On Belonging and Sanctification

A truth that has been present in every context in which I have served, is that for the most part, we all just want to belong. It has been true in working with college students and congregants who have spent decades in their communities; it’s been true in working with our neighbors experiencing homelessness and it was even true in the preschool classrooms in which I taught long before becoming a priest. Belonging is such a key piece to not only being able to give and receive love, but also to be able to become better people. It is a crucial part of any effort to improve ourselves and the world around us. Because when belonging isn’t there, it is easy to feel untethered, and it is easy for our worldview to become egocentric when we don’t belong to something greater than ourselves.

In our gospel passage today, we get the reminder from Jesus that in our faith we have access to the greatest belonging. That because we follow the Christ, we don’t have to let our sense of belonging, of which we so deeply crave, rest in anything but in the crucified and resurrected Christ. Our belonging doesn’t have to reside in the broken, painful places, but instead gets to set up camp in the unrelenting hope of the resurrection. This, my friends, is no small gift, but to be quite honest, it’s not all sunshine and rainbows either.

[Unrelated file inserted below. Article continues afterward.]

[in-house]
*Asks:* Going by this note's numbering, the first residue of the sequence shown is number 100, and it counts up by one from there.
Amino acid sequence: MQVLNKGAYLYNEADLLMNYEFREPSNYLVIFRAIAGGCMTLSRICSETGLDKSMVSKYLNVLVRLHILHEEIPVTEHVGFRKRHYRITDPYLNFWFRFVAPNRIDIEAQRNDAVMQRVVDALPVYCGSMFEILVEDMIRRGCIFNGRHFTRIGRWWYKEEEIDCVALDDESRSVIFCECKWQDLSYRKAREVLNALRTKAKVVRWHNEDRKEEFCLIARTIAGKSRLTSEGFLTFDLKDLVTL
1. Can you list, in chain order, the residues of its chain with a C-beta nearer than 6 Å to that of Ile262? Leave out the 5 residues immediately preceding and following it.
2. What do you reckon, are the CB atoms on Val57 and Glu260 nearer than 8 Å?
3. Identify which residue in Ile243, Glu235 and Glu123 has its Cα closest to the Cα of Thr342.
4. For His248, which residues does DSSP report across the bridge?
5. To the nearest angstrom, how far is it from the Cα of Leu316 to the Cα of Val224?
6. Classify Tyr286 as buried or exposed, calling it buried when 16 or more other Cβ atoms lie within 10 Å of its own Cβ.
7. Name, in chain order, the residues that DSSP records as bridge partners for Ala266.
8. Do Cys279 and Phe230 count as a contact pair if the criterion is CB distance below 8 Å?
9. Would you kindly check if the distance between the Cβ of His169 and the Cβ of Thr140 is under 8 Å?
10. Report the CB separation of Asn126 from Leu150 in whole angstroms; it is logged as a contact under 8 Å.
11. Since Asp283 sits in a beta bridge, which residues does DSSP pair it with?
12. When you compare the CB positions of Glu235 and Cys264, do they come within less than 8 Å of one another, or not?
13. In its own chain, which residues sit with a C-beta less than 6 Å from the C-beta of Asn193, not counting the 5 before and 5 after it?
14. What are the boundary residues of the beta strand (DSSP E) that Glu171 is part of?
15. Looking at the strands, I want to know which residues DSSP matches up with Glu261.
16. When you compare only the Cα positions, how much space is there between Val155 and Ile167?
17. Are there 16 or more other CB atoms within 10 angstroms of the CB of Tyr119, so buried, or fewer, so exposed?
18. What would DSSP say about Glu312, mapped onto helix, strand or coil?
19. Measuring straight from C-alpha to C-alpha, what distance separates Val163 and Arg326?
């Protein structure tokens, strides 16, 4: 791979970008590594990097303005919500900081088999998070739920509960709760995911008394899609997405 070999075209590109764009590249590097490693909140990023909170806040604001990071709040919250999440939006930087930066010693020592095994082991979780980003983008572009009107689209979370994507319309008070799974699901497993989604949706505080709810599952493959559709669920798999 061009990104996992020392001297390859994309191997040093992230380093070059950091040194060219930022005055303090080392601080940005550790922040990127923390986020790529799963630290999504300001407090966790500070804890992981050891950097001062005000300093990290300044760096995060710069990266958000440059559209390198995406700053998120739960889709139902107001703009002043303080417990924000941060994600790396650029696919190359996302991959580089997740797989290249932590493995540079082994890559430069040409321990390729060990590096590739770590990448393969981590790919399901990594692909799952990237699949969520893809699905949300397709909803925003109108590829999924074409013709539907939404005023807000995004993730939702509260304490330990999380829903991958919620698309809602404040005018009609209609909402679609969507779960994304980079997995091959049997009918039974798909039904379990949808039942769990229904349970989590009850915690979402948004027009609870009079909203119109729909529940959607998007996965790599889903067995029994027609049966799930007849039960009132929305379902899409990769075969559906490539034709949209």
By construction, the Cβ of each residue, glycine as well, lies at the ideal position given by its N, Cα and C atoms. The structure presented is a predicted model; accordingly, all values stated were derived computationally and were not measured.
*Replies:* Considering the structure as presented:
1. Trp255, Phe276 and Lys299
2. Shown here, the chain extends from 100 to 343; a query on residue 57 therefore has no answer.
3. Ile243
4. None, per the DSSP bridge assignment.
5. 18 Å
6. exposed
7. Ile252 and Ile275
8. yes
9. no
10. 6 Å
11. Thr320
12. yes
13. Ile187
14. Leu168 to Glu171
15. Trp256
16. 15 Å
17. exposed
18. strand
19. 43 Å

Because what we do with this gift matters; we aren’t given this sense of belonging and love and not required to do anything else with it. Jesus names here in this passage from John that this belonging is the groundwork for our sanctification. Now, I love the saints, but one of the downfalls of such a rich tradition is that we hold those followers of Christ who are named as saints as something greater than us; that what they did with their life far exceeds anything we could hope to do. One of my favorite hymns is I Sing a Song of the Saints of God, particularly the line “for the saints of God are just folks like me, and I mean to be one, too.” Sanctification can have the air around it that makes it feel so far out of our reach.

But folks, the saints of God are just like me and you. Our belovedness that rests in God alone is the foundation upon which we stand, and sanctification is the long process of following Christ to the best of our ability. Sanctification doesn’t happen in an instant at our baptism, but is rather the long journey from the font to the grave; it is a process and an unfolding, much like the life we live as we walk about our daily routines. Sanctification doesn’t just happen in a dessert 1,700 years ago, it happens on an average Wednesday, when we aren’t quite sure what will come next. It happens no matter how long or windy our journey has been. And it happens to folks like you and me when we lean into our beloved belonging.

So, my friends, remember that this life is short and that we do not have long to gladden the hearts of those who travel with us. So, may you be swift to love, make haste to be kind, and make no peace with oppression, and may the blessing of God Almighty, Father Son and Holy Spirit be with you now and always.

A mid-week reflection for the people of Christ Episcopal Church in Bowling Green, Kentucky on John 17:11-19 for May 27, 2020. 

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